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What makes sediment in wine?

Sediment is a byproduct of winemaking, and it can form during the fermentation process or while a wine matures in a bottle. Sediment is completely natural and not harmful, with most of it made up of bits of seeds, grape skin, and crystal-like tartrates. Some winemakers fine or filter their wines to remove these solids, while others prefer to leave it, believing it gives the wine more character and complexity. If its presence bothers you, simply decant or aerate the wine before serving.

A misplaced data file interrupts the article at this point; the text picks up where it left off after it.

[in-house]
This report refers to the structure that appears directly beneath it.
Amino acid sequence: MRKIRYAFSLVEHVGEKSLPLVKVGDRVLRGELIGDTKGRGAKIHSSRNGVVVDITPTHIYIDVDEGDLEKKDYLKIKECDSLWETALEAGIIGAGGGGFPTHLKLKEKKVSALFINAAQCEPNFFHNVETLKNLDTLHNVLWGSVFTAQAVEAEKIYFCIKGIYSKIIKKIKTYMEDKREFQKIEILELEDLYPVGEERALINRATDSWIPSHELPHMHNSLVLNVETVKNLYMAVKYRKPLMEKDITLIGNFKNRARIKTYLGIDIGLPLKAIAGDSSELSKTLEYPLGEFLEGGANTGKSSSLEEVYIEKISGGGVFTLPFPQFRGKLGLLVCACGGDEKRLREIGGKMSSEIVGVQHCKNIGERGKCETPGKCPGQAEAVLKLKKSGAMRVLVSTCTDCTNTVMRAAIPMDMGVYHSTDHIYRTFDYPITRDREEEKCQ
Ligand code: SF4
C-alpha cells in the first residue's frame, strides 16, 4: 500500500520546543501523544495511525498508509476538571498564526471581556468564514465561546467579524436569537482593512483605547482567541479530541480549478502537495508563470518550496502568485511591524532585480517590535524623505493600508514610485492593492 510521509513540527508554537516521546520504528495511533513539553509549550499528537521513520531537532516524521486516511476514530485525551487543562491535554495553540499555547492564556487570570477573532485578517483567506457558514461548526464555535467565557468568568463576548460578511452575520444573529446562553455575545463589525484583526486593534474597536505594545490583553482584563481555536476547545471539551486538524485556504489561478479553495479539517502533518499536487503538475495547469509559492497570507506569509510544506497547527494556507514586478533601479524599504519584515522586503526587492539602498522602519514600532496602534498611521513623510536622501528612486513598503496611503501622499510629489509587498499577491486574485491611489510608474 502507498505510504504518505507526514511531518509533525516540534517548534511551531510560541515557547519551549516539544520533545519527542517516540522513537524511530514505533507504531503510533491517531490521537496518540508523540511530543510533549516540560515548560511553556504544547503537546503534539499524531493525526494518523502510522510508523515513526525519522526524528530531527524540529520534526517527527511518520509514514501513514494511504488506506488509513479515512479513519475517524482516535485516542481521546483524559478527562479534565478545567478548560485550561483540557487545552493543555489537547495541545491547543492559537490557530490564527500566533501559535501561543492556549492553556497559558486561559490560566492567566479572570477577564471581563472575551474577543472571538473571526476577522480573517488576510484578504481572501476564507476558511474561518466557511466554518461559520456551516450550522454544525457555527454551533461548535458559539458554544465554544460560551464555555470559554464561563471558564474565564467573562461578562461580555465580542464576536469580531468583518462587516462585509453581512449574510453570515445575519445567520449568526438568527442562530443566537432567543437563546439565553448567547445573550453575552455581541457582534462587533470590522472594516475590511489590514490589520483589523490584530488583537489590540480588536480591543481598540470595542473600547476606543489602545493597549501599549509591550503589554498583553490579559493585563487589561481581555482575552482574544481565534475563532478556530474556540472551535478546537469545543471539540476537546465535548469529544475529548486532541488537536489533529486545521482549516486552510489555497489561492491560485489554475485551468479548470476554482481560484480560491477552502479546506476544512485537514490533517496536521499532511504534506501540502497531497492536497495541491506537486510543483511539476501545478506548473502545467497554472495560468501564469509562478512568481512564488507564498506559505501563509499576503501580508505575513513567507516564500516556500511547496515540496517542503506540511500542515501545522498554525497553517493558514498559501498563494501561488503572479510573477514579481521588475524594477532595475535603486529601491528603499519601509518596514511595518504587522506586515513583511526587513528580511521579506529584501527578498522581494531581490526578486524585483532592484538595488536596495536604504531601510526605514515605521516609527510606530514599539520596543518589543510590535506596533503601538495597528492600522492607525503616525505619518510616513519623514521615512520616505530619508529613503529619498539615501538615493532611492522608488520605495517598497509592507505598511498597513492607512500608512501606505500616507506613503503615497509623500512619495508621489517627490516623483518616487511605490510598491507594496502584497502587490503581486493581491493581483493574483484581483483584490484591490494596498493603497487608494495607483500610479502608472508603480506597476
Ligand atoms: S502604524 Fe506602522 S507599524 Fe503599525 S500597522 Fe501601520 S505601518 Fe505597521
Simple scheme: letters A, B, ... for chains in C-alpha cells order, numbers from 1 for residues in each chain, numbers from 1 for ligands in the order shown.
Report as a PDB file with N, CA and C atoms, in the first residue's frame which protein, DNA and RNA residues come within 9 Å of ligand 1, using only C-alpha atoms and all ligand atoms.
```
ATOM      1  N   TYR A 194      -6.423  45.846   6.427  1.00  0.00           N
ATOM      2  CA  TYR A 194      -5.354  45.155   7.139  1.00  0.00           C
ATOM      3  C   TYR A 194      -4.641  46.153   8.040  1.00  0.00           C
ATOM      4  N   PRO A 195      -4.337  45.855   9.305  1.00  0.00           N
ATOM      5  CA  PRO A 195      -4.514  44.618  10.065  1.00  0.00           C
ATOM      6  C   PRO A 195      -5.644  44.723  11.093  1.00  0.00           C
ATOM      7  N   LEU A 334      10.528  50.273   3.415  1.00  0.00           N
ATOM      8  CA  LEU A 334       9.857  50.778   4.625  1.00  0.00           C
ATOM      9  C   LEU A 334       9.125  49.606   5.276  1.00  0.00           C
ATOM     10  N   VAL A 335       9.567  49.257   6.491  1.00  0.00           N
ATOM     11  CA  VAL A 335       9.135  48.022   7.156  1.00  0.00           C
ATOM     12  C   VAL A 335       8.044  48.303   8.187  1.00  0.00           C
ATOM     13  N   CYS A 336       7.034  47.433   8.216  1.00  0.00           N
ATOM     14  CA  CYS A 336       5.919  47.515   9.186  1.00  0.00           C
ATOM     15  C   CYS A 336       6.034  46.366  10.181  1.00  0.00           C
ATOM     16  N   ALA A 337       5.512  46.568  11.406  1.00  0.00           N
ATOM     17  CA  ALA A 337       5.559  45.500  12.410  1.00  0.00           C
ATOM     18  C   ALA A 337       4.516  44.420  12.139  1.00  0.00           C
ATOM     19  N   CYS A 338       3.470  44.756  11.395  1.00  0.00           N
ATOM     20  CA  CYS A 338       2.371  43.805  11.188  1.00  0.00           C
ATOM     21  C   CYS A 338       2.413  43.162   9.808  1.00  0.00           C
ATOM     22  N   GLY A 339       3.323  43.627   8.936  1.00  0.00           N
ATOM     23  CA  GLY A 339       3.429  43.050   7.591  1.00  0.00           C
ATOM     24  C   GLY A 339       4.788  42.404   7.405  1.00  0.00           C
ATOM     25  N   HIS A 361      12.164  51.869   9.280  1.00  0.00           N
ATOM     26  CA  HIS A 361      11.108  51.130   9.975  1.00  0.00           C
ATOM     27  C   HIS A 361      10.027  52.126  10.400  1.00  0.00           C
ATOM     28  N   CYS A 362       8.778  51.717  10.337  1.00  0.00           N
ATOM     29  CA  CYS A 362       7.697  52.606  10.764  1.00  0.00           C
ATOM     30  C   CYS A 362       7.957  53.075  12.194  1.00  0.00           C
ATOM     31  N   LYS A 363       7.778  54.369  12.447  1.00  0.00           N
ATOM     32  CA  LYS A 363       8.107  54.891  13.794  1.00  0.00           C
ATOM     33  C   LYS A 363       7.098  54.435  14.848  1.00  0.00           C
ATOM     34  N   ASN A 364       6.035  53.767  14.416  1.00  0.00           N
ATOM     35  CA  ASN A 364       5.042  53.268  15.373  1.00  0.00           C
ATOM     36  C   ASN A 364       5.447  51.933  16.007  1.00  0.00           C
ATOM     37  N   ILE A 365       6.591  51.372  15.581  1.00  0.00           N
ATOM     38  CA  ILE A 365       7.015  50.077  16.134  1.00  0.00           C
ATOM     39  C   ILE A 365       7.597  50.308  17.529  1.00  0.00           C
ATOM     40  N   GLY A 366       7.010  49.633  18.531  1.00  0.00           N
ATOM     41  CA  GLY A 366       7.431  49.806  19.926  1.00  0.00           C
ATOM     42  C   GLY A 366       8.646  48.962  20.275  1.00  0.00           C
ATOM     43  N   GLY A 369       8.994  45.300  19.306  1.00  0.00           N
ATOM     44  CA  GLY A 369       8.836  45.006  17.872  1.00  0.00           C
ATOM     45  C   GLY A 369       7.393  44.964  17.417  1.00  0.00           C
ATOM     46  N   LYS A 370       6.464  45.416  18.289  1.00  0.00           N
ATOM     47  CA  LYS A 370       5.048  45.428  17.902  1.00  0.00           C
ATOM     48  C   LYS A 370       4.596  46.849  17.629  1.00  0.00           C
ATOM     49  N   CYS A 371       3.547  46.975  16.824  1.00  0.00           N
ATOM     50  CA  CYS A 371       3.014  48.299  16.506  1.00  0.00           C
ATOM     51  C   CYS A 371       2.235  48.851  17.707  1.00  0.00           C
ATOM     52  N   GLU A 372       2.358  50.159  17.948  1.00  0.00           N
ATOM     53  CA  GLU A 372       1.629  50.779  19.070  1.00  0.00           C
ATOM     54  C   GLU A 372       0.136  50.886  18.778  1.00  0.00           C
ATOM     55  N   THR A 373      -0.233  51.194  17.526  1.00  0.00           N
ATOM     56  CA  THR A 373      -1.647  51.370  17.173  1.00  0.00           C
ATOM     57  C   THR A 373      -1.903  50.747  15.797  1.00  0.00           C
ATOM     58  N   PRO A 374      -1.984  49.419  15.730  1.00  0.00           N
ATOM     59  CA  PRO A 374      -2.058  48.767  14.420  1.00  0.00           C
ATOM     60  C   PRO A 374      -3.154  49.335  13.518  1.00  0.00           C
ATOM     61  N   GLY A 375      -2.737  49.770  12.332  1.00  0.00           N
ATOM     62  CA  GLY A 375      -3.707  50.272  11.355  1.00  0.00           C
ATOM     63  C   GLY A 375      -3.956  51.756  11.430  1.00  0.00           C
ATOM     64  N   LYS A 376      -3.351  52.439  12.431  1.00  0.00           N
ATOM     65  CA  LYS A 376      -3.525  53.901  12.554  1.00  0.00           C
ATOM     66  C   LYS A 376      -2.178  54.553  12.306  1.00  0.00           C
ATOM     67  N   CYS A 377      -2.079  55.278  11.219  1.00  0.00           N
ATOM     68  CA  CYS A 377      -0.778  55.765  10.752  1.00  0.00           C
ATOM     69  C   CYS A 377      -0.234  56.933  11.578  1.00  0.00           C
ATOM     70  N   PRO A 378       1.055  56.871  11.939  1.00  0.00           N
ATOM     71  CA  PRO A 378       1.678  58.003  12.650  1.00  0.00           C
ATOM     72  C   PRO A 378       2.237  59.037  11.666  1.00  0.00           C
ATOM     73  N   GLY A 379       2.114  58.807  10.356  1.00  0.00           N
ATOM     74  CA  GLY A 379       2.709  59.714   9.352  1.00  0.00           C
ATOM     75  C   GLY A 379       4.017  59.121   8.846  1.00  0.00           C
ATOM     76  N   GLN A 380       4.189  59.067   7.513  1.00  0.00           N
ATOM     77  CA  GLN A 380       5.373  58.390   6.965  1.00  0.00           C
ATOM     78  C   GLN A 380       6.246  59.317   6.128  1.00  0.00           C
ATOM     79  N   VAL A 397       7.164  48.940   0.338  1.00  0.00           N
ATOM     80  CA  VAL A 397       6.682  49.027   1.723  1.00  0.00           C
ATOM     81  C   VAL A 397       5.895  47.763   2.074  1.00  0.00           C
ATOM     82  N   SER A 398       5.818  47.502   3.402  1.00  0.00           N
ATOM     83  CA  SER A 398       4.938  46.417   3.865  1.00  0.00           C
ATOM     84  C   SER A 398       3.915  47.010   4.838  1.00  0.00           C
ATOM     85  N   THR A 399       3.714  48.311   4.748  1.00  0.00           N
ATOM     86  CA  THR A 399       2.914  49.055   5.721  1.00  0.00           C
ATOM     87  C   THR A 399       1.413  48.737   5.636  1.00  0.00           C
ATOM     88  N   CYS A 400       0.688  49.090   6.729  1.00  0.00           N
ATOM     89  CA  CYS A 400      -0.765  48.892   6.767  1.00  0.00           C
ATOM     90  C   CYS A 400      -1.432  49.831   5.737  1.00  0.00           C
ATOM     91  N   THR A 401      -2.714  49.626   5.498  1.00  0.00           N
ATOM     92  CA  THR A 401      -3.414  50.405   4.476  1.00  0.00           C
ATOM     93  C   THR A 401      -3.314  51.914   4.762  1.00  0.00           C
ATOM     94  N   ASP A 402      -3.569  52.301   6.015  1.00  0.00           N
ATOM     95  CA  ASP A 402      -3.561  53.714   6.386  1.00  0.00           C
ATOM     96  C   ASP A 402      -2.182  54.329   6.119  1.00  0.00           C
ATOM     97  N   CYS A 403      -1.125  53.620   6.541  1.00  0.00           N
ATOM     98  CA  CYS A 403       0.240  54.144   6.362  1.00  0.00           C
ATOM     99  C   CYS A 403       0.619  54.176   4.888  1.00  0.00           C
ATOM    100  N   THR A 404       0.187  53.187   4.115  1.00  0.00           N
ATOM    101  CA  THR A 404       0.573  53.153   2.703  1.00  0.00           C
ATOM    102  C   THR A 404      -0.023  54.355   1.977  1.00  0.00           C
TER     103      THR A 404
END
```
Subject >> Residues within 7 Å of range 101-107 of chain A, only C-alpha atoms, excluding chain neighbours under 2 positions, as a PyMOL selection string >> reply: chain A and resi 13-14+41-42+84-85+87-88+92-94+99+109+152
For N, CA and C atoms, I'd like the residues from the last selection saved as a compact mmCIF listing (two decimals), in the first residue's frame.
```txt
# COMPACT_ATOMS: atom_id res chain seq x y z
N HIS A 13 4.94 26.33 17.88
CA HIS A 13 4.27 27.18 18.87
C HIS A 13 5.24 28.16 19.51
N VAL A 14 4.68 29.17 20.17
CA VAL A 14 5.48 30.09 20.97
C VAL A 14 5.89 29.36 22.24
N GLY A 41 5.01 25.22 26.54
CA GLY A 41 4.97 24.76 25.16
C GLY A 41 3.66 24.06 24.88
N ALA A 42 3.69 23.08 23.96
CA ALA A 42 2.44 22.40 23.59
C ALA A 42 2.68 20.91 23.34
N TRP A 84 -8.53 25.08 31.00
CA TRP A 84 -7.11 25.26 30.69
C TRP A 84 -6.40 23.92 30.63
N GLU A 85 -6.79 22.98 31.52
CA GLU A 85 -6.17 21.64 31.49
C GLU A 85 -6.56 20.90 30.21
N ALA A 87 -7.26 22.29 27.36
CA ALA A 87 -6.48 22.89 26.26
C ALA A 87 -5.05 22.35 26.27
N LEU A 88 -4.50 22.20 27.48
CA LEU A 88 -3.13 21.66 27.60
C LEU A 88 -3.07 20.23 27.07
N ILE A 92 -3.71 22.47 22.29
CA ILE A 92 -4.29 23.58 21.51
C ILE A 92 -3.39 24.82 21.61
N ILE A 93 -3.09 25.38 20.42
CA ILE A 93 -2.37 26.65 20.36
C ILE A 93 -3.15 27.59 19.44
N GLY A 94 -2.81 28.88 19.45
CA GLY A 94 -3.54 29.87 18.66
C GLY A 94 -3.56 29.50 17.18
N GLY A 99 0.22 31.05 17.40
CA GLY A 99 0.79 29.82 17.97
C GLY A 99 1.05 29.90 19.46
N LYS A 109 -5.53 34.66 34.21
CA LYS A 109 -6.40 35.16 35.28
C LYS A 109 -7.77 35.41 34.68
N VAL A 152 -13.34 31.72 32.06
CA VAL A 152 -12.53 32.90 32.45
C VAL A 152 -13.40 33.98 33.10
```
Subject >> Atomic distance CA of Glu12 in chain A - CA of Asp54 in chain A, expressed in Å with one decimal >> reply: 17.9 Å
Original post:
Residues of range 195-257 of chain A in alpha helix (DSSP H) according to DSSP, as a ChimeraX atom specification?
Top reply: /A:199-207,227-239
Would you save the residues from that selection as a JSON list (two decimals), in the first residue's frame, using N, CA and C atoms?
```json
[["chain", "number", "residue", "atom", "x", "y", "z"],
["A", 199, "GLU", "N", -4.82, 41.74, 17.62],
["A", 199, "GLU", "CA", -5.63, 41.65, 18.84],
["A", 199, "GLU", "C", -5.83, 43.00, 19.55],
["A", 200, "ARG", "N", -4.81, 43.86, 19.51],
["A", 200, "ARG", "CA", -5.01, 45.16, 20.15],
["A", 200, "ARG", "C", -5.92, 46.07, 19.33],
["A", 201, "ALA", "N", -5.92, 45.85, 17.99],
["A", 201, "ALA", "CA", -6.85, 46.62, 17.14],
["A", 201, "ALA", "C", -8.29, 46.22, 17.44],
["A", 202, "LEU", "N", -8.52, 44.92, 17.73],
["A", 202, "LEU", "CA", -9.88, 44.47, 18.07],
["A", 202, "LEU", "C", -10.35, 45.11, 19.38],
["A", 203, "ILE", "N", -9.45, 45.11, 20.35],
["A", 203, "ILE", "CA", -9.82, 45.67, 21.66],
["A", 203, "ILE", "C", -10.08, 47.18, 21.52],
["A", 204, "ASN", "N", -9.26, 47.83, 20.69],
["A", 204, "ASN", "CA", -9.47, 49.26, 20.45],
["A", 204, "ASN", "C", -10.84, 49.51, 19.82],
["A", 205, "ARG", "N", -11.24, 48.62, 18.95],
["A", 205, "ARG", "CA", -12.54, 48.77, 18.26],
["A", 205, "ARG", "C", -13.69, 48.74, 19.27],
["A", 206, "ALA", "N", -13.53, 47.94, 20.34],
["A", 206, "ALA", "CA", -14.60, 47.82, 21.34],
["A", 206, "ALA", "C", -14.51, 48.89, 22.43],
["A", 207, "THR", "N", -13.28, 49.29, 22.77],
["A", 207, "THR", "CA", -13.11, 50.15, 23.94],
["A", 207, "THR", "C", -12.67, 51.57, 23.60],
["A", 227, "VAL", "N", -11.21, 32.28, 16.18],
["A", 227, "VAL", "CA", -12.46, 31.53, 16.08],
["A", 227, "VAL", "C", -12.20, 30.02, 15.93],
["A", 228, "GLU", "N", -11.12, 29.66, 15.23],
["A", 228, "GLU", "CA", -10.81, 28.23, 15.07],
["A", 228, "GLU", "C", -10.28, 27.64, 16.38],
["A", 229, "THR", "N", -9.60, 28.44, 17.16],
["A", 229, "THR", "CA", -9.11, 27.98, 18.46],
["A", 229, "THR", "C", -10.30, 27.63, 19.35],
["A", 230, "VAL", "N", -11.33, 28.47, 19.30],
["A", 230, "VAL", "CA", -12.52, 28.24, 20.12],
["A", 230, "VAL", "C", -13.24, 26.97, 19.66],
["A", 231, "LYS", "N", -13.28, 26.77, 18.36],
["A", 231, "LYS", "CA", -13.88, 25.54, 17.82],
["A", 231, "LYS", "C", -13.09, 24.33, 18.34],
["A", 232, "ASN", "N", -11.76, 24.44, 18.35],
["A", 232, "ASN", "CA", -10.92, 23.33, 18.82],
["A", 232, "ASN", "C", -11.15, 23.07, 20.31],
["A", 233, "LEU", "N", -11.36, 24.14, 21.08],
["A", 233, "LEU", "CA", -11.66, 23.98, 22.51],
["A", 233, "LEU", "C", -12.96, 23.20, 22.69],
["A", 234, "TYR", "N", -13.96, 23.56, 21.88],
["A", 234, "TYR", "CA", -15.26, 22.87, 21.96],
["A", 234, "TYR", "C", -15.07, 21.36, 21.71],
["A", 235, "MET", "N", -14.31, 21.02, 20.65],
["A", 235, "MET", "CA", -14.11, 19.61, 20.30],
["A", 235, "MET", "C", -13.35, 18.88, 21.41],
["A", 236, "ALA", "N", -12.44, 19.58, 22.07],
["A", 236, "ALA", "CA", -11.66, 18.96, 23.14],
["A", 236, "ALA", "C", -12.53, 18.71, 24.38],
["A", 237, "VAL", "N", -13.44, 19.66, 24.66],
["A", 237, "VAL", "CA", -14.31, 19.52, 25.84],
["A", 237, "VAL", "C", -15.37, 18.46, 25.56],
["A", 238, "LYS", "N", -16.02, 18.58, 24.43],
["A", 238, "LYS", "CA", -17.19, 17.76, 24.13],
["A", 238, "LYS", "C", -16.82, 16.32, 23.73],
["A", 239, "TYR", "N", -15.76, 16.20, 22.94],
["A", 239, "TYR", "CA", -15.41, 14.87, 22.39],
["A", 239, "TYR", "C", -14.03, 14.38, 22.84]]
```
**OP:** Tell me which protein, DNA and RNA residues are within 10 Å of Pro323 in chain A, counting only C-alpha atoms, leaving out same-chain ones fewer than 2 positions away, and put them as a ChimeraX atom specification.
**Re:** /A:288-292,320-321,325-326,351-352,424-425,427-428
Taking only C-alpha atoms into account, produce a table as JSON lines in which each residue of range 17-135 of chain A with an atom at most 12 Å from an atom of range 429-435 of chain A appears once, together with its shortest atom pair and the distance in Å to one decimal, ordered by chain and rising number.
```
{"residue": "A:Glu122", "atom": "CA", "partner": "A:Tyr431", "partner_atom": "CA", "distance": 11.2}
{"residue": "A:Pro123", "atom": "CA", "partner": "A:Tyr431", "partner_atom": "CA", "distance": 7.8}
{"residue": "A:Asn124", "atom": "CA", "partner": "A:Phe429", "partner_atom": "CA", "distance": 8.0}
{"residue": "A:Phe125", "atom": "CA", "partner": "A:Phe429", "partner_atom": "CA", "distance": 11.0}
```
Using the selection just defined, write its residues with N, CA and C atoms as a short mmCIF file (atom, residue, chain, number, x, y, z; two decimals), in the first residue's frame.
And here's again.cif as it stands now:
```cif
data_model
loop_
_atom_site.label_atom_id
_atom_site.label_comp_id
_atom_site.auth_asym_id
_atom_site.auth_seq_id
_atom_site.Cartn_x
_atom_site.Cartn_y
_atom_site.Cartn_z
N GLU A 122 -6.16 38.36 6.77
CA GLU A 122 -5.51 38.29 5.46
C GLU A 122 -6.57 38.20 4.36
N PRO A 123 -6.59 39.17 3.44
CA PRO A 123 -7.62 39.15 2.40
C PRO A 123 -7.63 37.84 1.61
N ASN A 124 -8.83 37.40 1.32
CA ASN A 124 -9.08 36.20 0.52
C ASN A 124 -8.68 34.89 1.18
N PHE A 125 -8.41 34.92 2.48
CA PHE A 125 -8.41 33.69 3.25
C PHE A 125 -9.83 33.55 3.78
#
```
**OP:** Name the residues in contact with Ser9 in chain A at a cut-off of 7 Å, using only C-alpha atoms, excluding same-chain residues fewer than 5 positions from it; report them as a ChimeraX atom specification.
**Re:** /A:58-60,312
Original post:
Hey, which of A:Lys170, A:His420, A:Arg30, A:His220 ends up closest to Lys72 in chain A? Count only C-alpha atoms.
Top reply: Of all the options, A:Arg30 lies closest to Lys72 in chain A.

Are Cabernet Sauvignon, Cabernet Franc, and Sauvignon Blanc related?

Yes! It was discovered about 15 years ago through DNA testing that Cabernet Sauvignon is actually a cross between Cabernet Franc and Sauvignon Blanc. Since vine breeding wasn’t well understood at the time, it’s assumed that creation of Cabernet Sauvignon was an accident.

What does the word “Oenothèque” mean?

Oenothèque is the French version of the Italian word “enoteca” and the German word “vinothek” - all referring to a place to store wine or a wine library.